« PreviousContinue »
words altogether. It was not unlikely SIR HENRY JAMES asked how the that the question of the remainderman Amendment would operate in cases where would crop up again in certain clauses a mortgage in fee existed on the proof the Bill, and therefore he considered perty ? it would be better for the Government MR. RODWELL said, he could not to introduce a clause for the protection see that any difficulty would arise in that of the remainderman instead of insert-case. ing it incidentally.
SIR HENRY JAMES feared that MR. GREGORY said, he was about they were legislating too hastily, withto have made some such proposition as out considering the effect of their Amendthat suggested by the noble Marquess. ments. Many landlords would not like It appeared to him they were mix- their tenants to know the real facts of ing up this question of the remainder- the case. man in a manner which was not ne- THE ATTORNEY GENERAL said, cessary.
he would give the observations of his MR. RODWELL said, he had not hon. and learned Friend opposite (Sir heard a better mode of dealing with the Henry James) his best consideration, question than by the adoption of his and he had no doubt that the InterpretaAmendment, to the effect that where the tion Clause could be so amended as to landlord was not, at the time of the con- meet the difficulty which had been sent given to the execution of the im- suggested. provement, absolute owner of the hold- SIR WILLIAM HARCOURT obing for his own benefit.
served, that the objection made was not SIR WILLIAM HARCOURT main- directed to the Interpretation Clause; it tained that the Amendment which the had reference to that under considerahon. Member for Mid-Lincolnshire in- tion, and was one of principle. It retended to move on the 34th clause would lated to the absolute ownership. Whereeffect this object.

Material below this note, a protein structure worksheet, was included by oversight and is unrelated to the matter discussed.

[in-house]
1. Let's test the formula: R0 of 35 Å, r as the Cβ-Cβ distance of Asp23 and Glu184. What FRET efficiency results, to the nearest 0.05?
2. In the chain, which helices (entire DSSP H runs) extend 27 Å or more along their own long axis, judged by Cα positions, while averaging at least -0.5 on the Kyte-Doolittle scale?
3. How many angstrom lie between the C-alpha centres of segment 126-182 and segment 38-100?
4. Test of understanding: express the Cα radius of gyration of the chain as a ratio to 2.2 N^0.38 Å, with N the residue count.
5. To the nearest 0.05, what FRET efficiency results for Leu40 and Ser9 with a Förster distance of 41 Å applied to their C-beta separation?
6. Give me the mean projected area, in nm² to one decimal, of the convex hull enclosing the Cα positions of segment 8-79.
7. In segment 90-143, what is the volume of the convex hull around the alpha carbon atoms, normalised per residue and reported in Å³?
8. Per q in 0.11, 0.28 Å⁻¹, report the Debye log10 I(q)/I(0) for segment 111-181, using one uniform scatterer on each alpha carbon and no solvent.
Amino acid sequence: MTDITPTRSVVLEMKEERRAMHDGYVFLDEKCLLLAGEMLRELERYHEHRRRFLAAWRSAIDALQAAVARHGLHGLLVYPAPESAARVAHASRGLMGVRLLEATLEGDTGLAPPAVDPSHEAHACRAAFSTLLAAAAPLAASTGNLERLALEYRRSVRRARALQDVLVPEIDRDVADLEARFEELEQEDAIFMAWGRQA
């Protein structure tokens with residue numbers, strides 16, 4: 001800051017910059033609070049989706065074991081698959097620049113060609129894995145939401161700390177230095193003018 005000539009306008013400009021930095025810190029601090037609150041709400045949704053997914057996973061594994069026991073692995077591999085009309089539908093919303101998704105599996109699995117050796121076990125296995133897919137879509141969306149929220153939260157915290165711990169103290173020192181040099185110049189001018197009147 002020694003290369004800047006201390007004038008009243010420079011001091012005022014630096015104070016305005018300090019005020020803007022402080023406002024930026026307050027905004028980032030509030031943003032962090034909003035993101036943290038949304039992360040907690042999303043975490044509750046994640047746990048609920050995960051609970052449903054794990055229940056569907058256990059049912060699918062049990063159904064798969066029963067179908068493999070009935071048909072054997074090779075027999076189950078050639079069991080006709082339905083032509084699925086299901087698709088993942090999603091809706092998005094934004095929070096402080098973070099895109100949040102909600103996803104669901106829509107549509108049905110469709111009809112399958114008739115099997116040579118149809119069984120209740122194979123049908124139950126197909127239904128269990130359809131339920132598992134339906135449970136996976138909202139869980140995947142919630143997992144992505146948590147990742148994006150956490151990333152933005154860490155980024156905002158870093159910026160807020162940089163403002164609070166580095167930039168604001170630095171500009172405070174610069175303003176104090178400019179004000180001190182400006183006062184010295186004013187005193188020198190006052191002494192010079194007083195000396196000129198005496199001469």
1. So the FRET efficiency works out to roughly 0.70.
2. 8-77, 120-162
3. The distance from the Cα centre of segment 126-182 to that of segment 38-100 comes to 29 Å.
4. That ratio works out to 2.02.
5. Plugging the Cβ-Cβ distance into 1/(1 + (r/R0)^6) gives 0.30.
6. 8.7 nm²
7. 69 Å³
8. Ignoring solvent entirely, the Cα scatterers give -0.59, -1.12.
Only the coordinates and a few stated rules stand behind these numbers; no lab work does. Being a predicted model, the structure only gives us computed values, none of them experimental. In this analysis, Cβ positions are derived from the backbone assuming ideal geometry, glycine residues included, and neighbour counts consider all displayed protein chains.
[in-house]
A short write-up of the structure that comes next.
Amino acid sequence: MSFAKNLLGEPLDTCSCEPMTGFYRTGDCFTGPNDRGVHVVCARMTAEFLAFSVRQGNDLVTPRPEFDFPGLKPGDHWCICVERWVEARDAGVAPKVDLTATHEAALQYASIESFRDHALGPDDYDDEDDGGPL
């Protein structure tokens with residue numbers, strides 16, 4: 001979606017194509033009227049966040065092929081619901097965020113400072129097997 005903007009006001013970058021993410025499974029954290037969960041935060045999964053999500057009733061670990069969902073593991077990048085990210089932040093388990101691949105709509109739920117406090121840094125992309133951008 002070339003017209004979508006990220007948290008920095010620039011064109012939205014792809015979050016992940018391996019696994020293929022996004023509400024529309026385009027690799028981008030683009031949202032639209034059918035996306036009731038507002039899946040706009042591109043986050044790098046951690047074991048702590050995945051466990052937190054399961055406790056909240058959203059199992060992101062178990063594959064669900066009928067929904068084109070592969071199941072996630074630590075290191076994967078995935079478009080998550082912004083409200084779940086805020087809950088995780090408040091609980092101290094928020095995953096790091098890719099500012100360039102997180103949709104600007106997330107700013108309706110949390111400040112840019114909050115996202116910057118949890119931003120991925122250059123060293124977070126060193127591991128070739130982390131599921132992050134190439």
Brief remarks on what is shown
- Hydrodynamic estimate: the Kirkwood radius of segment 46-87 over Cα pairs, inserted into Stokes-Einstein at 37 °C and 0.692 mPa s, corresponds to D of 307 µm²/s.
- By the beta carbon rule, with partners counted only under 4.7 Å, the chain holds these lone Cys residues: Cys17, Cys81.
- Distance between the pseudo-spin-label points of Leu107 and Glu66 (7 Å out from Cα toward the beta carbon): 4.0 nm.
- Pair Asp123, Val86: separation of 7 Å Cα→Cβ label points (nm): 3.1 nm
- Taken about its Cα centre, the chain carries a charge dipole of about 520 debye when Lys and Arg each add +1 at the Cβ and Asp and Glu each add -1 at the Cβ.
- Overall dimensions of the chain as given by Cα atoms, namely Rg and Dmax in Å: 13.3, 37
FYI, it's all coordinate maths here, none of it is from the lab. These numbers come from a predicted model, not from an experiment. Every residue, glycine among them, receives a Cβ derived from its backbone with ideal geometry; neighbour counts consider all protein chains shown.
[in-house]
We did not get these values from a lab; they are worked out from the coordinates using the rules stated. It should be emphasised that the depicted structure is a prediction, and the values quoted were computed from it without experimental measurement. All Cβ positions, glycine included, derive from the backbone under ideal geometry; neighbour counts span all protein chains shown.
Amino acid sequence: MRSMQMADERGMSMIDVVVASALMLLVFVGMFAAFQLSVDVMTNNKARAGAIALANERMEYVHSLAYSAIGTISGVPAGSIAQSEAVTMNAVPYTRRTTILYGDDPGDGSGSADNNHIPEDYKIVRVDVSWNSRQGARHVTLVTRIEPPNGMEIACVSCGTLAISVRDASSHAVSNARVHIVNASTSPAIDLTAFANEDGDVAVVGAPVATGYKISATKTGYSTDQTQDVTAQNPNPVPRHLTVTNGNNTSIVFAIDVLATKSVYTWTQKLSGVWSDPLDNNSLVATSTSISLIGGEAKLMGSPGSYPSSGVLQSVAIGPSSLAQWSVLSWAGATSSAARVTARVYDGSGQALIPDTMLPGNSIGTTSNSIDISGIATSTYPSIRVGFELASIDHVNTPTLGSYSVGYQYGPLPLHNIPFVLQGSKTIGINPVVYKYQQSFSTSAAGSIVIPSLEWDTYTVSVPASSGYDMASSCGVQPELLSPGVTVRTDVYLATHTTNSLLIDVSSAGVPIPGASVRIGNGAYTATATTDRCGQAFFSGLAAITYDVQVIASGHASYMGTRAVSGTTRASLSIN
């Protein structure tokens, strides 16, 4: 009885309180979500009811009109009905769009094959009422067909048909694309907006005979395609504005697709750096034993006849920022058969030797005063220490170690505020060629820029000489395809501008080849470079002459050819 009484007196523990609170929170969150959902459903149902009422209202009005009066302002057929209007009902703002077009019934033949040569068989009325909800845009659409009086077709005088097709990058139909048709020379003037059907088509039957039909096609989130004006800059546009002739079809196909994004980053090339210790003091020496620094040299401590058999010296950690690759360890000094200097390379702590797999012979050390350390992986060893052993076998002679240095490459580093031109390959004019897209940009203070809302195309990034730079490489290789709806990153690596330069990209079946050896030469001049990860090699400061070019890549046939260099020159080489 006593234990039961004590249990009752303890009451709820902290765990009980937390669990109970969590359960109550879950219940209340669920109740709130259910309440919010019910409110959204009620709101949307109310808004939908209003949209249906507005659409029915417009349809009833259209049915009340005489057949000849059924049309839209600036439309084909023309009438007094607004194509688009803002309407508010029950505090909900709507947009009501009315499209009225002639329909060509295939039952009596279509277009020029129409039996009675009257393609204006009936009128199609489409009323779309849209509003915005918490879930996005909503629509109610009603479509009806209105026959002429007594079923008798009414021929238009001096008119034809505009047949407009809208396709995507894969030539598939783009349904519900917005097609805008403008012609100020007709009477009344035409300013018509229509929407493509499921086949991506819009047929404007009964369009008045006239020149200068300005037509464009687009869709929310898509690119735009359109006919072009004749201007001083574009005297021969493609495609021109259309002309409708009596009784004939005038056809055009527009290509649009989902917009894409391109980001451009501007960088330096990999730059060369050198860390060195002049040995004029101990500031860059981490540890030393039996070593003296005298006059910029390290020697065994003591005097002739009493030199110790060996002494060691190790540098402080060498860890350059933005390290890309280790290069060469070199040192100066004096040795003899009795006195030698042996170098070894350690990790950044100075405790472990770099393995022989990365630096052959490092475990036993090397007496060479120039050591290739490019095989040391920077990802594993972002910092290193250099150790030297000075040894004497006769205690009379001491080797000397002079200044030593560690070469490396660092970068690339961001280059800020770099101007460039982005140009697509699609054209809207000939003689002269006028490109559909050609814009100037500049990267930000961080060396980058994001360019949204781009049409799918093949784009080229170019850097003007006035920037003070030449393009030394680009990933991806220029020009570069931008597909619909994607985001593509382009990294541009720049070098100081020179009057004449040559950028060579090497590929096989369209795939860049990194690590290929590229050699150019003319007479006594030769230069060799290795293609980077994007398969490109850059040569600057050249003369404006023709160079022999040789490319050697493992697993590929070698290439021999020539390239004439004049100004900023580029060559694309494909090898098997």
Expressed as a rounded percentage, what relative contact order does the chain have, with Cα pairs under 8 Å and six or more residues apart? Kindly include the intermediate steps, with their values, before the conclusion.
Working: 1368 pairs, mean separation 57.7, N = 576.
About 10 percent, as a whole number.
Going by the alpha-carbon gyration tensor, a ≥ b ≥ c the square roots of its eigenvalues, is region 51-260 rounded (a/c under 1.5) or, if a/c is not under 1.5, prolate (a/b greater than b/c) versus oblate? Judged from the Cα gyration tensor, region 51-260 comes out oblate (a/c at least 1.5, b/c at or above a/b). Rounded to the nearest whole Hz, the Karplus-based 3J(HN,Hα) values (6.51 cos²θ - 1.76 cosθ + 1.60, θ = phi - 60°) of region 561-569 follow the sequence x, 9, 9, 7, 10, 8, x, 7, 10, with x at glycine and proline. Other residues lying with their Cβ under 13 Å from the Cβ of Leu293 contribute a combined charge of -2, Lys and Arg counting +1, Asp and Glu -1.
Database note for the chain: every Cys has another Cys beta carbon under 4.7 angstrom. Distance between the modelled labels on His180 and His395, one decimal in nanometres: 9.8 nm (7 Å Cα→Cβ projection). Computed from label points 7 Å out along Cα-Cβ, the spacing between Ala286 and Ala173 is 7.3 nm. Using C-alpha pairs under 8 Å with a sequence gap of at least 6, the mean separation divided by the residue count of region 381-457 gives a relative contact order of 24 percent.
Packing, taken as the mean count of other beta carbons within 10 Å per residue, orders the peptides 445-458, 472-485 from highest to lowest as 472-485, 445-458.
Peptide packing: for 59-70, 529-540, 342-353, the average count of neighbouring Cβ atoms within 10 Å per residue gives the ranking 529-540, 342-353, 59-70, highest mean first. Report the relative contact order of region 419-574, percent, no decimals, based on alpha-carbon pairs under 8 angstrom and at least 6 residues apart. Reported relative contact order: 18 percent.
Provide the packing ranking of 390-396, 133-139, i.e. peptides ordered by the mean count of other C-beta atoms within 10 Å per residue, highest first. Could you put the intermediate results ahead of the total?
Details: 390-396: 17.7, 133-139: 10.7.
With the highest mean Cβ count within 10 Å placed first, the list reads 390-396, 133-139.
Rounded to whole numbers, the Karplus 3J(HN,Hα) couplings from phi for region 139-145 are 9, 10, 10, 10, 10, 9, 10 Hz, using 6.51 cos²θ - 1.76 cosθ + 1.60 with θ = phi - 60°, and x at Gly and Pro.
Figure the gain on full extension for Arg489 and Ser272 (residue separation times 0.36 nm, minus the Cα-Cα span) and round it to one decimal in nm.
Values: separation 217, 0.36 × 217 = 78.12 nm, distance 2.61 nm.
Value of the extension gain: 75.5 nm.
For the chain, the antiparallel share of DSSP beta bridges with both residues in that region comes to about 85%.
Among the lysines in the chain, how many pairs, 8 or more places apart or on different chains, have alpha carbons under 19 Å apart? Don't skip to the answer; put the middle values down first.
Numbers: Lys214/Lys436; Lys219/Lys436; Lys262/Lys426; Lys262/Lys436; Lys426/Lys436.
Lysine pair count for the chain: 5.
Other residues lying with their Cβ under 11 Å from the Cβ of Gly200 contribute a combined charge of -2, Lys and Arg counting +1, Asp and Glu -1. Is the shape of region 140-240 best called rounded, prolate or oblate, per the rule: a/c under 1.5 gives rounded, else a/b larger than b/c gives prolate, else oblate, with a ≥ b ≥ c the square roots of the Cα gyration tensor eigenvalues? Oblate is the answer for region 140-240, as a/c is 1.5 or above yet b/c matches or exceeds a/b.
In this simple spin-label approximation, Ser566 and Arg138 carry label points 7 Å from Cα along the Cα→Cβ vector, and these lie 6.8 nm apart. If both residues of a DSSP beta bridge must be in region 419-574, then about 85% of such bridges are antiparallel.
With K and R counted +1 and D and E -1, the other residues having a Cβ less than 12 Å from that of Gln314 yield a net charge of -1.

ever there was a mortgage, the proviMR. PELL said, he was unable to see sions of the Bill would be rendered imhow, when the life-owner occupied aperative by this Amendment. large portion of the estate himself, the Mr. OSBORNE MORGAN said, he remainderman could be protected, except did not see how it was possible to frame'an by such a provision as this clause con- Interpretation Clause to meet the necestained.
sities of case. No amendment could MR. GOLDSMID thought the sug- make the landlord the absolute owner gestion of the noble Marquess would of the estate. meet the difficulty.
MR. GOLDSMID said, there were COLONEL MURE said, the remainder- often as many as 10 or 12 remaindermen, man only came in incidentally. A land- and it would be very difficult to get the lord occupying his own land would not consent of all of them. come under the clause at all.
MR. KNIGHT thought that the tenant Question put, " That the words ' but ought to be satisfied with the personal
security of the landlord. 80' stand part of the Clause.” The Committee divided :--Ayes 193;
Amendment to said proposed AmendNoes 131 : Majority 62.
Amendment agreed to. MR. RODWELL moved, as an Amendment, in page 3, line 22, after “that" MR. RODWELL then moved in page to insert
3, line 26, after the word “holding, “where the landlord was not, at the time of the insertion of the wordsthe consent given to the execution of the improvement, absolute owner of the holding for
“ The amount'of tenant's compensation, in rehis own benefit.”